Flatlander Faith

Apologetics from an Anabaptist perspective

The dark side of the Protestant work ethic

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In 1905 German sociologist published what many called the most important sociological work of the 20th century: Die protestantische Ethik und der Geist des Kapitalismus. The book was later translated into English and published in 1930 as: The Protestant Ethic and the Spirit of Capitalism.

His thesis was that because of the teaching of predestination, that one’s eternal destiny was determined before he was born, Protestants, especially Calvinists, were left with no clue as to their personal salvation. Protestantism also taught the deification of all productive work. Therefore the idea arose that material success, due to diligence on one’s work, was evidence of salvation. And this became the foundation for the rise of capitalism.

This is not the place to discuss whether Weber was right or wrong in his thesis. I mention it only to point out that the concept of a Protestant work ethic is drawn from this book by Weber.

Neither do I want to be understood as denying Christian values of honesty, integrity, responsibility and the value of a job well done. But I believe we can uphold those values without labelling them a “work ethic”.

For there is a dark side to the Protestant work ethic. It is that a human being is valued by his productive capacity, or in other terms, his earning capacity. For money so easily becomes the yardstick by which to measure a person’s work ethic. It is assumed that those who are poor are that way because they lack a work ethic. Work such as Bible study, the reading of good books, writing, etc., should be kept to a bare minimum, as they are a distraction from a person’s true purpose in life.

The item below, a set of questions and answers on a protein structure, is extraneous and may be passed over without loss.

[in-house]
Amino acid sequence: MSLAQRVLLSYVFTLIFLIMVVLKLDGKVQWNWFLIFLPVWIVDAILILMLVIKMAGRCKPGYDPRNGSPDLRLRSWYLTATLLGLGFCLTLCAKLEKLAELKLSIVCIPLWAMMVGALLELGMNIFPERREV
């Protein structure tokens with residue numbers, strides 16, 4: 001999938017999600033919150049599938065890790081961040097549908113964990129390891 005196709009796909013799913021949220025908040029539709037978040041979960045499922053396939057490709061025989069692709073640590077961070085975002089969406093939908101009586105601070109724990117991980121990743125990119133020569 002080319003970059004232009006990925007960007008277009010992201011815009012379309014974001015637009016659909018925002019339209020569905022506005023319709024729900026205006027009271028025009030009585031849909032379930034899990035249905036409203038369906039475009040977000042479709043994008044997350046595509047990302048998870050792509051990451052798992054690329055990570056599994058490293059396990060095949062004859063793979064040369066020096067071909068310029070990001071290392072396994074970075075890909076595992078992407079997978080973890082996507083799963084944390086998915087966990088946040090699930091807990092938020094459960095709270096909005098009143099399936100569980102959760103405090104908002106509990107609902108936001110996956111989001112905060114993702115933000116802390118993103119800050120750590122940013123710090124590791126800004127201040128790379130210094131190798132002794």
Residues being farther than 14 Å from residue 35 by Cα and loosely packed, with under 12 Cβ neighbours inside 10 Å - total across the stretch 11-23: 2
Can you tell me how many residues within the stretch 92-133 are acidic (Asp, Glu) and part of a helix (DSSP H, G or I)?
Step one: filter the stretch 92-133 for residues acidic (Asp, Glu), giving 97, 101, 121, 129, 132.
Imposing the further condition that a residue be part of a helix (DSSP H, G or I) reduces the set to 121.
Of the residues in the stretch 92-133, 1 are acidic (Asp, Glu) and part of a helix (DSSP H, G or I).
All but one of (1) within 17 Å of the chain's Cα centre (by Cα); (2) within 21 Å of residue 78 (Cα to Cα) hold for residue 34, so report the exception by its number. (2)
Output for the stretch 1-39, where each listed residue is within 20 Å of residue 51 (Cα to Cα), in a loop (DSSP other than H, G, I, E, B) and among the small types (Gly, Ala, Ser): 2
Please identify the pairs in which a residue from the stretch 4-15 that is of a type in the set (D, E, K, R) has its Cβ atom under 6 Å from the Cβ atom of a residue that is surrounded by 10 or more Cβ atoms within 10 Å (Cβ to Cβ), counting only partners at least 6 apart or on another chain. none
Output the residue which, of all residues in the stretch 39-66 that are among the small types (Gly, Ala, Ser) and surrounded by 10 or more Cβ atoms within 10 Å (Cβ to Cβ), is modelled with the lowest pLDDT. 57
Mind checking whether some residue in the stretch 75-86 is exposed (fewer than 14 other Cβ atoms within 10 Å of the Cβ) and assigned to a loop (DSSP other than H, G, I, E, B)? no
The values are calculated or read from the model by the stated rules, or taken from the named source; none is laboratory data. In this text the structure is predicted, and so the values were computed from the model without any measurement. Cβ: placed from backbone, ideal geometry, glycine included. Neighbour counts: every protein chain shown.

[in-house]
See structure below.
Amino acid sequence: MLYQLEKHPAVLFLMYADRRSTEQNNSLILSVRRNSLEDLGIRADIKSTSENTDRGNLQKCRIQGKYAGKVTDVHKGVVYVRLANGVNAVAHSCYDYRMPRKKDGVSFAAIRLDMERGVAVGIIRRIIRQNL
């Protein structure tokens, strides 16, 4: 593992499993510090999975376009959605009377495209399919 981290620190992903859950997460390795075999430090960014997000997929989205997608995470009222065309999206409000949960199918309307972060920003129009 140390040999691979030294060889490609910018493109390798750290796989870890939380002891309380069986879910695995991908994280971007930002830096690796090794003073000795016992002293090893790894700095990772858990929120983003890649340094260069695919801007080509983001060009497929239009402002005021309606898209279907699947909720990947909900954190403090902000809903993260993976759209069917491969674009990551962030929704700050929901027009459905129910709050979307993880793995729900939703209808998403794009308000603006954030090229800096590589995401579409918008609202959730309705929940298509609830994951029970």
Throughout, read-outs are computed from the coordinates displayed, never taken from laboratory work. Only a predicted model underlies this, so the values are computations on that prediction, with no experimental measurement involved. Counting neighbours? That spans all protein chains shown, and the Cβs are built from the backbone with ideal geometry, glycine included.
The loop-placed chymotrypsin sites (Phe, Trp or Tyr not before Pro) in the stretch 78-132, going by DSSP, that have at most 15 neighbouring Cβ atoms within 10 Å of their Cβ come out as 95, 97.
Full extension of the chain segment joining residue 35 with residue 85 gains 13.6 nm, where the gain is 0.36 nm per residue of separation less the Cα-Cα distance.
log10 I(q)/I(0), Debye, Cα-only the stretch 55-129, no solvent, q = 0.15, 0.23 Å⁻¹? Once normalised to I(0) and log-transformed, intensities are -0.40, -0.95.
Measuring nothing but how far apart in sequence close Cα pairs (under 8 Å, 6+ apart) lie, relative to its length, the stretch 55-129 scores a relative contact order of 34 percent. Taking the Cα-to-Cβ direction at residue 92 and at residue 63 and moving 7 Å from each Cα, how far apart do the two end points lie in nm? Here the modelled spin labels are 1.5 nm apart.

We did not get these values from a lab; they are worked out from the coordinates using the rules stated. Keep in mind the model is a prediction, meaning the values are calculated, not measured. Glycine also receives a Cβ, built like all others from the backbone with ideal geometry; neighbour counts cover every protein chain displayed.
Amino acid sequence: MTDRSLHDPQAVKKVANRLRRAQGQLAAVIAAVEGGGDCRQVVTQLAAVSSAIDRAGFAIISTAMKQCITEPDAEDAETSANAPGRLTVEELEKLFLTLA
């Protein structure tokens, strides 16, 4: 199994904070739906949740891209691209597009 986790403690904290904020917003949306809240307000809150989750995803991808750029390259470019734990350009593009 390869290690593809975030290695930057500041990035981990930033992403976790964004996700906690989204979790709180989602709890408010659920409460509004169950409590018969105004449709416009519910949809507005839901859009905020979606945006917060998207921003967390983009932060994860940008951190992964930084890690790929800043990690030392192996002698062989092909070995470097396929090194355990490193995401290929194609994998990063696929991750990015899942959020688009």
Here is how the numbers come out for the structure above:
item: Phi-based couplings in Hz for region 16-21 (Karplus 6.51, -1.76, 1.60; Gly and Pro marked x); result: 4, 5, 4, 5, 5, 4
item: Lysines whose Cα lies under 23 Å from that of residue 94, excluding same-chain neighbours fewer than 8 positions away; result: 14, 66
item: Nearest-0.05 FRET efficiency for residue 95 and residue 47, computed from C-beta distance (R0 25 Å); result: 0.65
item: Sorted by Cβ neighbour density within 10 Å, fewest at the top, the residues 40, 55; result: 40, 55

Where are the older men and the older women that the New Testament tells to instruct the younger ones? Too many of them are still pretending to be young. Why is being young at heart valued more than the wisdom of old age? Isn’t it because people have spent a lifetime striving to live up to the material values that they believed were expected of them and don’t believe they have acquired much spiritual wisdom that the younger generation wants to hear?

I’m not so sure the younger generation is so closed to learning spiritual lessons from their elders. But let them be genuine spiritual lessons, not just “this is the way we used to do things.”

I acknowledge that most Christians who talk of a work ethic don’t think of all the baggage that may be attached to the term in our society. I feel, however, that it does carry too much baggage in the minds of others and we might be better off to lay it aside. Work ethic is not a term found in the Bible and we do have clear instructions in that book about the values relating to work and material things that Christians should uphold.

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